“Tolliver! That’s a $1000 fine!” the Penguins' coach shouts, seemingly more concerned with the lost money than the fact that Pittsburgh, trailing by one, will spend the rest of regulation on the penalty-kill.

McCord returns to the locker room and kills the two goons. But he's out of time! There are mere seconds remaining in the game, and the building will explode when the Blackhawks win the Cup, because Powers Boothe's financial demands have not yet been met!

BUT SUDDENLY LUC ROBITAILLE GETS A BREAKAWAY. One of the slowest men in hockey is in alone! Three breakaways in the last seven minutes!

Scene from 1995's Sudden Death.
Scene from 1995's Sudden Death.

Sadly, he’s so slow that somehow a defender closes on him in a hurry, to make it a 1-on-1.

Scene from 1995's Sudden Death.
Scene from 1995's Sudden Death.

But Robitaille undresses him, scores the game-tying goal with less than a second to go, thus giving McCord more time to stop the plot, and causing eyerolls for anybody who remembers how boring the real 1995 Stanley Cup Final was. A last-second game-tying goal? Come now. This was the trap era.

The game heads to sudden death, which -- hey! -- is the name of the movie!

The announcers explain the double meaning not once, but twice. Mike Lange, the second time: "The next goal is gonna win the Stanley Cup. That’s what sudden death is all about.”

As sudden death begins, McCord scales The Igloo from the outside, and fights a guard posted up there, somehow triggering the building's HISTORIC RETRACTABLE ROOF. In a surprising bit of realism, the roof malfunctions, as it often did, and fails to open all the way. But in an unsurprising bit of unrealism, nobody in the arena seems to notice the roof is opening and two men are fighting on the edge of it. They only notice when the badguy lands on the JumboTron and it explodes. Again we are reminded of the film’s name in this shot, which also exposes how few extras the film sprung for.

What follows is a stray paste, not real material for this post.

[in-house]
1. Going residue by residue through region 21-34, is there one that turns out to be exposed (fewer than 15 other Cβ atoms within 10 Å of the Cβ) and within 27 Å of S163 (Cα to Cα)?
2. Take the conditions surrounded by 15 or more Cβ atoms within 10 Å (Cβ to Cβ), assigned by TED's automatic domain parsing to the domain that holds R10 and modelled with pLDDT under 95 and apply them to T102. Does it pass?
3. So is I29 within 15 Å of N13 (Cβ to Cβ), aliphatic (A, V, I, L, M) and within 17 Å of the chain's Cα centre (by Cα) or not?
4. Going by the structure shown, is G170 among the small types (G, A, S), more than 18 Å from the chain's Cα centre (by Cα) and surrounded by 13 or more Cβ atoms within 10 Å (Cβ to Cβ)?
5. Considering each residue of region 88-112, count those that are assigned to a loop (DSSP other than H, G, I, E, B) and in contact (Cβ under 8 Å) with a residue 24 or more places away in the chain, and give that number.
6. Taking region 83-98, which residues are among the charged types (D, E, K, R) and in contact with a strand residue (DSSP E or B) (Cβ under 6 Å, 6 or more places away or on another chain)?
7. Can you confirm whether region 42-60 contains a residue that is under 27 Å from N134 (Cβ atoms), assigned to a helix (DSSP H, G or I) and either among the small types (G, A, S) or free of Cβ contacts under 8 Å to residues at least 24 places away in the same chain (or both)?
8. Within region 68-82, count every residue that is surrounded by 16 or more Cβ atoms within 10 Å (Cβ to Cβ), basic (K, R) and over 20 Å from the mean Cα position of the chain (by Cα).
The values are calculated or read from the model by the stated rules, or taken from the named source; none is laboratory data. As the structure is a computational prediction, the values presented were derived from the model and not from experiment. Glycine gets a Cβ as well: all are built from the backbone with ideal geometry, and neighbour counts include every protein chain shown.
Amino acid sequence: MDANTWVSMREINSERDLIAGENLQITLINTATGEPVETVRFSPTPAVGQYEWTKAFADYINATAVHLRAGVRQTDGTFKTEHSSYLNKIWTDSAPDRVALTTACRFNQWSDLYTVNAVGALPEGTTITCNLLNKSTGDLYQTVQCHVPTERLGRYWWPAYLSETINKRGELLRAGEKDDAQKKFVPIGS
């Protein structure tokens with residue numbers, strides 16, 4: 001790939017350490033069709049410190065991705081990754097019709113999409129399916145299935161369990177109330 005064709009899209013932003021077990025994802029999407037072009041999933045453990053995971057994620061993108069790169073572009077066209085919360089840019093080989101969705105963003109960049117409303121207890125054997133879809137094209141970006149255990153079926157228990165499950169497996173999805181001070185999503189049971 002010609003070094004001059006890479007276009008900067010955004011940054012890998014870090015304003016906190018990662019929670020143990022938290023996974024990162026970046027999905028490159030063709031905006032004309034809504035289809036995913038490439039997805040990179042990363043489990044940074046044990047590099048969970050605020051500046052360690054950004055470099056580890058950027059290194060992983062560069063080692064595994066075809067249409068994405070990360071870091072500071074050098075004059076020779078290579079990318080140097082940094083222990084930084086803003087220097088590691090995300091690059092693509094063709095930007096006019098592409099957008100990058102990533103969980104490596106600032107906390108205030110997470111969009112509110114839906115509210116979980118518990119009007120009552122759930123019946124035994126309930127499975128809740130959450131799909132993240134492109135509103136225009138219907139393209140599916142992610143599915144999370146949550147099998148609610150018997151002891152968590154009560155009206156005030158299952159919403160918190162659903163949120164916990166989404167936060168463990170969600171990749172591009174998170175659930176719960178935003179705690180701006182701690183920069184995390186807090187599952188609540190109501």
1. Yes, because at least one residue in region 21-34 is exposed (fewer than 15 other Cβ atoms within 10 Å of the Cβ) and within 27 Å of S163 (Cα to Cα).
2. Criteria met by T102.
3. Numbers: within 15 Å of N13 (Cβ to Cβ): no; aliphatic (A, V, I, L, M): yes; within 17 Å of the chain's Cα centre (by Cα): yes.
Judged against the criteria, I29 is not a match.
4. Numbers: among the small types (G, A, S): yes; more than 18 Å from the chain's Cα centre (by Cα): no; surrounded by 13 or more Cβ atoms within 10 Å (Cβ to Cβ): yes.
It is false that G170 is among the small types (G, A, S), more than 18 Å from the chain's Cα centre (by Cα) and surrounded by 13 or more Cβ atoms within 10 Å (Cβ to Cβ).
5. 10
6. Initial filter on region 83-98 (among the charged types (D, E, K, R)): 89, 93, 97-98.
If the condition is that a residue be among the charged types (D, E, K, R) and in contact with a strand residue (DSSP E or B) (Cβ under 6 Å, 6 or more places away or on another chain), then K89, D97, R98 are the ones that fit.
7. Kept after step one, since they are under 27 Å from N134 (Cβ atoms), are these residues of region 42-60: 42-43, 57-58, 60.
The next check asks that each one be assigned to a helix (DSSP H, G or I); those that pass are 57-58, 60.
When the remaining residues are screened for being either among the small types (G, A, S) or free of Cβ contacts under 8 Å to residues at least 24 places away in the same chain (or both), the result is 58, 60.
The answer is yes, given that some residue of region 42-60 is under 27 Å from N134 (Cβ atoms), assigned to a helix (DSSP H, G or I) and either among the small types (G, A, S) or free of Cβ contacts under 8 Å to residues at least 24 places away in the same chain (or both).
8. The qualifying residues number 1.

Scene from 1995's Sudden Death.
Scene from 1995's Sudden Death.

This is overtime in Game 7 of a Stanley Cup Final? It looks like a preseason game.

The Stanley Cup Final is ruined. McCord swings from a cable and throws an explosive into the vice president's suite, then crashes into it. All the exploding causes people to panic and flee, including Powers Boothe, who's apparently a bigger baby than Tummyache Tolliver.

Meanwhile, McCord's dumb son stays in his seat during an obvious terrorist attack BECAUSE HIS DAD TOLD HIM TO.

Scene from 1995's Sudden Death.
Scene from 1995's Sudden Death.

McCord returns to his son, thinking the danger is over. The kid's still there.  “I didn’t move, dad," Tyler says. "I didn’t move. Not even when things blew up. I didn’t move.” What an idiot this kid is.

Powers Boothe almost gets away in disguise, but Emily recognizes him. He kidnaps her AGAIN. McCord, Powers Boothe, and Emily wind up back on the roof, where she's knocked over the edge and is left hanging from it, holding on for dear life.

Scene from 1995's Sudden Death.
Scene from 1995's Sudden Death.

Fortunately, and insanely, she somehow pulls herself up. You guys. She's six years old, and she does a full pull-up. Sam Bennett couldn’t do a pull-up! This is the strongest little girl in the world, and it suddenly makes sense why she slaps like Wonder Woman.

Powers Boothe almost gets away in a helicopter, but McCord shoots up, which is the direction of the helicopter, killing the pilot, and sending the helicopter crashing onto the ice. Powers Booth dies in the explosion. It is a… sudden death.

The last words of the film go to a proud little girl: “My dad is a fireman,” Emily says, and the credits roll on the best movie ever made. Five stars.